As much as the tech journalism scene likes to think otherwise, there are certain classes of products that don't review well in a week. Sure, you can get a handle on an iPhone case, or Bluetooth speaker in a very short period of time, but laser printers defy quick reviews. Earlier this year, HP released a new family of laser printers, including the M277dw wireless all-in-one color laser printer. We'll just get this out of the way -- this is the first laser printer that I'd consider printing photos on, but its not perfect -- read on to see what we thought.
Laser printer reviews are tough. You list the specifications, like this: resolution is up to 600DPI in color, or black. The printer is rated for up to 30,000 pages per month, feeding from a a 150 page tray, and a single-feed "override" slot. Connectivity is provided by a USB 2.0 port, a Gigabit Ethernet Port, and 802.11n networking. Print speeds are up to 19 pages per minute in black, and 12 in color. The printer has four print cartridges, as most do, with standard yields of 1400 pages for "normal" JetIntelligence print cartridges, and 2800 pages for the high-yield cartridges.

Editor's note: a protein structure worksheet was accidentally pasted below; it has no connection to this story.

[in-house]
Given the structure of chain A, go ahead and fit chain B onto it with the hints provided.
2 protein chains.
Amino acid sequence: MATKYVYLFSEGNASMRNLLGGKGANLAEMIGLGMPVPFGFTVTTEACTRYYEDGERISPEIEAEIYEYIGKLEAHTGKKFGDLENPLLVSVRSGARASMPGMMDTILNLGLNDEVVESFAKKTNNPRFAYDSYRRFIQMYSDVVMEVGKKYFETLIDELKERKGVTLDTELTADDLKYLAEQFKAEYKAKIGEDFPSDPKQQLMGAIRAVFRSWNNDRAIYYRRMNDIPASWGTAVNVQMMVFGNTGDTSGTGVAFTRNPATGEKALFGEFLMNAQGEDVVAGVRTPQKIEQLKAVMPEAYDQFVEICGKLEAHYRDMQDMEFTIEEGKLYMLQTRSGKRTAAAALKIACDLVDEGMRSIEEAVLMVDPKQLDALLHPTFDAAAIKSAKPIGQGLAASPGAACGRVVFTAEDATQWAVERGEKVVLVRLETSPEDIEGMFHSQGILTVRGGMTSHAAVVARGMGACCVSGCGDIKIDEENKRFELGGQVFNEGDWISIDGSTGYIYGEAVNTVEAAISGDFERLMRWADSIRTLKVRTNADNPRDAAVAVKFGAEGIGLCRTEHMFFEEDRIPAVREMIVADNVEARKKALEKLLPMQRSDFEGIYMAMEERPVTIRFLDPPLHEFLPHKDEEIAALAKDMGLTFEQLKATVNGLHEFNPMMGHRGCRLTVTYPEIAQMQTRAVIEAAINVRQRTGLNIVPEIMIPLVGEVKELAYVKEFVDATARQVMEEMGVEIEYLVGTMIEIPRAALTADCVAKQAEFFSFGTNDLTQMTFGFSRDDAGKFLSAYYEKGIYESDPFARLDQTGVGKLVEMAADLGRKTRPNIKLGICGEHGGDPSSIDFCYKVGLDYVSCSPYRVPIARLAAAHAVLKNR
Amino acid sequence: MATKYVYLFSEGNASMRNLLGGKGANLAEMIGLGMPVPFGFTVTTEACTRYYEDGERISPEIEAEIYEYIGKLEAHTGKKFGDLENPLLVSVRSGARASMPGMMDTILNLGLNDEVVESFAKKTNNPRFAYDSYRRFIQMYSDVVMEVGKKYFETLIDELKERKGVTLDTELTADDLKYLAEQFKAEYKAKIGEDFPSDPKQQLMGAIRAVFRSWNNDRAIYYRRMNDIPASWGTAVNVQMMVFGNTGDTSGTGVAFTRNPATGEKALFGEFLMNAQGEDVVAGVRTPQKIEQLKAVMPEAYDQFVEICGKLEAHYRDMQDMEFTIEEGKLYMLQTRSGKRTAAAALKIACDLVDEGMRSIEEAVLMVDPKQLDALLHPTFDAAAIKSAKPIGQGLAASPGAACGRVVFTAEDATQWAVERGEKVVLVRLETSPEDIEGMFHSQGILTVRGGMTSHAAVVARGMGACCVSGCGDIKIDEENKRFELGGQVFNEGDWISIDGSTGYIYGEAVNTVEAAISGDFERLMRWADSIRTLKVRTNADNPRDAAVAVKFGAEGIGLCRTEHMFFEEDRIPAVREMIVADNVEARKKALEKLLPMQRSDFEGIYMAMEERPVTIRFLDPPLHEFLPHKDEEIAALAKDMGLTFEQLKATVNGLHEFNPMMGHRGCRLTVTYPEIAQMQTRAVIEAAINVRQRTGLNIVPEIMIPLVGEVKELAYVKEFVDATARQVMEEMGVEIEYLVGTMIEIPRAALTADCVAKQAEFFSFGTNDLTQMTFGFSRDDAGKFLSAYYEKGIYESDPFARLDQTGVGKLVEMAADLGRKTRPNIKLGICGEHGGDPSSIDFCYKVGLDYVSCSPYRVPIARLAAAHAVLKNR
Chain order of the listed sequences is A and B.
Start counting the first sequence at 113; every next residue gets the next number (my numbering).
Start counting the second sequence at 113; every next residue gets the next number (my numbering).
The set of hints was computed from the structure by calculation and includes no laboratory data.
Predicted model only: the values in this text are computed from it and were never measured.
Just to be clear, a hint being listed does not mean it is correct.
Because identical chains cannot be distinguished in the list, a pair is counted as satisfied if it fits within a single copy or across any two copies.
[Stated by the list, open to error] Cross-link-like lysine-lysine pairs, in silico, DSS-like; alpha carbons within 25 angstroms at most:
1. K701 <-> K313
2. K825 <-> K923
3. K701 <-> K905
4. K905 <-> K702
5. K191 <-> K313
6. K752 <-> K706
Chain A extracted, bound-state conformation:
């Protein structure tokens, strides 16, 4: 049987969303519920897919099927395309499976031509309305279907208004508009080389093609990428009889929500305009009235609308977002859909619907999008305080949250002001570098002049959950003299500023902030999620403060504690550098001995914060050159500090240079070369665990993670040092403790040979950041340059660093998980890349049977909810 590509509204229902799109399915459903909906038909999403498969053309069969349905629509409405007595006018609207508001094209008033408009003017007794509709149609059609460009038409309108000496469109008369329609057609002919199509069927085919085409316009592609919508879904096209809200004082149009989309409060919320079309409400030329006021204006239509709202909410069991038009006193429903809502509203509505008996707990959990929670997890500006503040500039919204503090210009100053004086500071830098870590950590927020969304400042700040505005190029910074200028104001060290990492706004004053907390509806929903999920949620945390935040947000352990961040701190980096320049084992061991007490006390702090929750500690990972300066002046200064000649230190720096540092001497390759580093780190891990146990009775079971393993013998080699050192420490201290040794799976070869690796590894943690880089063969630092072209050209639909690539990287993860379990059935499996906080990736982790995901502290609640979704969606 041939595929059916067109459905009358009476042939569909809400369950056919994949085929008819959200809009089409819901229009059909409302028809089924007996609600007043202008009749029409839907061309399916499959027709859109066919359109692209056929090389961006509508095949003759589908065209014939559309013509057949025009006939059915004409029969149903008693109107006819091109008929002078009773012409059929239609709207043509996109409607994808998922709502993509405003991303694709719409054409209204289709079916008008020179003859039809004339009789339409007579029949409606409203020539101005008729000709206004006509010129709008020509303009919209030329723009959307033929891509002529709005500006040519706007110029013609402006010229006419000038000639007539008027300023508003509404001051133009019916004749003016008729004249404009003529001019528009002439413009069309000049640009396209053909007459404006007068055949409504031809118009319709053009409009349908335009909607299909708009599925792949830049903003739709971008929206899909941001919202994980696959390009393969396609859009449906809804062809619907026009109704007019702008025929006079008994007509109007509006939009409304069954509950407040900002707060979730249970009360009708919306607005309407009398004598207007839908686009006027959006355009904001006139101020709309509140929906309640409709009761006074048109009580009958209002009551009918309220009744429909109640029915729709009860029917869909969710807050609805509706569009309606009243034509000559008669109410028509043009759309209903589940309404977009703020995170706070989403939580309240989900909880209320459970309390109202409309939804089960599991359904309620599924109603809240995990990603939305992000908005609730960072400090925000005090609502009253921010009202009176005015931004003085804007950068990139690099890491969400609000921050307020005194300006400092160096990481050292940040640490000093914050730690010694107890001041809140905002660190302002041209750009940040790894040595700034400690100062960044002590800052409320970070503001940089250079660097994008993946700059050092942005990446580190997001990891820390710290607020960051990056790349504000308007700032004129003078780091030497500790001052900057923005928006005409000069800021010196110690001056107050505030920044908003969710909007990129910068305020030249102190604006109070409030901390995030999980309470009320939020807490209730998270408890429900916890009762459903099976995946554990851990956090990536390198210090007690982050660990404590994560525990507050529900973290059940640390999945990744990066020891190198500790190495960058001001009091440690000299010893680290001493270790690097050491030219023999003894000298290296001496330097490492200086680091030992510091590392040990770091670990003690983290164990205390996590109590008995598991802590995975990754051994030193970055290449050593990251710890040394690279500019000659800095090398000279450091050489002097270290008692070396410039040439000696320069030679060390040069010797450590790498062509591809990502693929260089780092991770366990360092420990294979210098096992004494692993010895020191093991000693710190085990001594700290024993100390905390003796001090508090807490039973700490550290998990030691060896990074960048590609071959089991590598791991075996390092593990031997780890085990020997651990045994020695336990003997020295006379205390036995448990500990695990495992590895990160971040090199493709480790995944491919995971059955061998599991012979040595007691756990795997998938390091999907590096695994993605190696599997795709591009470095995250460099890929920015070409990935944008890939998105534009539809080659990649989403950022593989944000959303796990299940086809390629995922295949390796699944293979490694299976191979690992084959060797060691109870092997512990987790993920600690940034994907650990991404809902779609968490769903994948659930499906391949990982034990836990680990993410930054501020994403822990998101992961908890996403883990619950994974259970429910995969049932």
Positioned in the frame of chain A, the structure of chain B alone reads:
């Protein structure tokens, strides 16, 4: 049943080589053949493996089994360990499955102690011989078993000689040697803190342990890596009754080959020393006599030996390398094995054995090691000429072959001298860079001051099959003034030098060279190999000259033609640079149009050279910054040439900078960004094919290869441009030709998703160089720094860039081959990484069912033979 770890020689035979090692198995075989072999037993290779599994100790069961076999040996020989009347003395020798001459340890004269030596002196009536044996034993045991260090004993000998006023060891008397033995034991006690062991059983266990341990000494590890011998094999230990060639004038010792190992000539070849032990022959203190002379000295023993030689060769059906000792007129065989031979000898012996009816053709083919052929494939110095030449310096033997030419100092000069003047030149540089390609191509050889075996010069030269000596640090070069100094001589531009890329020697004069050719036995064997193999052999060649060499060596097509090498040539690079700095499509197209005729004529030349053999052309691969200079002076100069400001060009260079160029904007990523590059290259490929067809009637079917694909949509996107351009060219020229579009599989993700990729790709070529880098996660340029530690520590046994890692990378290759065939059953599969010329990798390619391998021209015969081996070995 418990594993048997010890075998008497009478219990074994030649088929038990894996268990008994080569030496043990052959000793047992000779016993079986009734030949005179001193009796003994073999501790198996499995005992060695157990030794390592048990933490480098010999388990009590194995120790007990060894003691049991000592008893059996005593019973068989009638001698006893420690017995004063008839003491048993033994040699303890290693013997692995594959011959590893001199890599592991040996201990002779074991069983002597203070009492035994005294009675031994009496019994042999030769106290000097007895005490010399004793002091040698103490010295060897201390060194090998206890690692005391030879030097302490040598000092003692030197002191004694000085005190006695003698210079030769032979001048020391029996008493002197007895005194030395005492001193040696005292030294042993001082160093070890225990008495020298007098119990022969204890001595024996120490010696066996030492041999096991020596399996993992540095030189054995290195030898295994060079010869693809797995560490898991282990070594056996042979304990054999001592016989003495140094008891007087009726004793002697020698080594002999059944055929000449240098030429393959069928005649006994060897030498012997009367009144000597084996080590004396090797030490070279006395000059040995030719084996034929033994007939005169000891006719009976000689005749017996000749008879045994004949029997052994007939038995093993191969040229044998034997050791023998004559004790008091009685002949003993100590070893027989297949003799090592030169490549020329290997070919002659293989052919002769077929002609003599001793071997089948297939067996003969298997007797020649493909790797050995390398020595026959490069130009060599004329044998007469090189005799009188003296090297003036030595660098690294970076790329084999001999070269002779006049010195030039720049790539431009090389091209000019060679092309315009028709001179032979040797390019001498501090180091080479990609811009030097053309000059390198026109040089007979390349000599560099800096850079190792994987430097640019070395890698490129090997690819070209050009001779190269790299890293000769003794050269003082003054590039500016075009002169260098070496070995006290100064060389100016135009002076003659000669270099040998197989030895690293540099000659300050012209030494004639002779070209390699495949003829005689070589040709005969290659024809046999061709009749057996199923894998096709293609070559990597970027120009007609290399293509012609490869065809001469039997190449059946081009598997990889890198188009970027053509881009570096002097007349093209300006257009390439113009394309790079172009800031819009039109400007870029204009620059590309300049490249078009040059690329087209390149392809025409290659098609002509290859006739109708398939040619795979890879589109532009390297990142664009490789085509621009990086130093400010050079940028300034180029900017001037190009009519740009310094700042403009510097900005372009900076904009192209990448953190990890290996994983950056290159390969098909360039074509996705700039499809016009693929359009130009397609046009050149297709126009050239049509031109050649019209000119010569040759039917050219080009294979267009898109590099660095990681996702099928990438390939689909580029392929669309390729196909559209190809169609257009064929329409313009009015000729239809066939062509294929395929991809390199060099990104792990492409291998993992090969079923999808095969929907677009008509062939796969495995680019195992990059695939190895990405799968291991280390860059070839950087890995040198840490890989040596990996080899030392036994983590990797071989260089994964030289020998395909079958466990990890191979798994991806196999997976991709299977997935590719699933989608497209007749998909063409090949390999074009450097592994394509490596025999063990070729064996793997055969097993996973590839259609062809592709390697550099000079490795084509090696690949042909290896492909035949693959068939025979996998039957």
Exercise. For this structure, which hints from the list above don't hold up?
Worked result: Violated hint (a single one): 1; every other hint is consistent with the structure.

After you list the specifications, you run down how the printer performs, according to published metrics. In the M277dw's case, it checked every box, with style. The 1400 page-ranked cartridges hit about 1250 pages before the printer complained that the cartridges were getting low, and 1650 pages before being truly empty. Black pages printed on the average at 17 pages per minute, with the first page spitting out at about 13 seconds after print initiation. Color was actually a bit faster than advertised, approaching 13 pages per minute. Duplexing was very nearly as fast as single-page printing.
After a factual description of the metrics, then the reviewer delves into opinions generated while hammering away at the printer. We like HP printers -- other than some notable exceptions back in the day, the printers are quiet, and don't disturb a relatively silent home or office. We didn't have any problems with overly textured or slick paper (like glossy photo paper), which we've struggled with a bit in some other models.
Driver support for the printer is excellent, with all features of the printer supported down to OS X 10.5.8, and Windows XP SP 1. Out of the box, the printer is set to look across the network for an IP address with DHCP, and given the new auto-setup technology, all a purchaser has to do is plug it in to power, plug it in over USB or the network, and go. After about three minutes, and some godawful (yet normal!) grinding noises as the seals are broken on the toner, the printer is ready to go.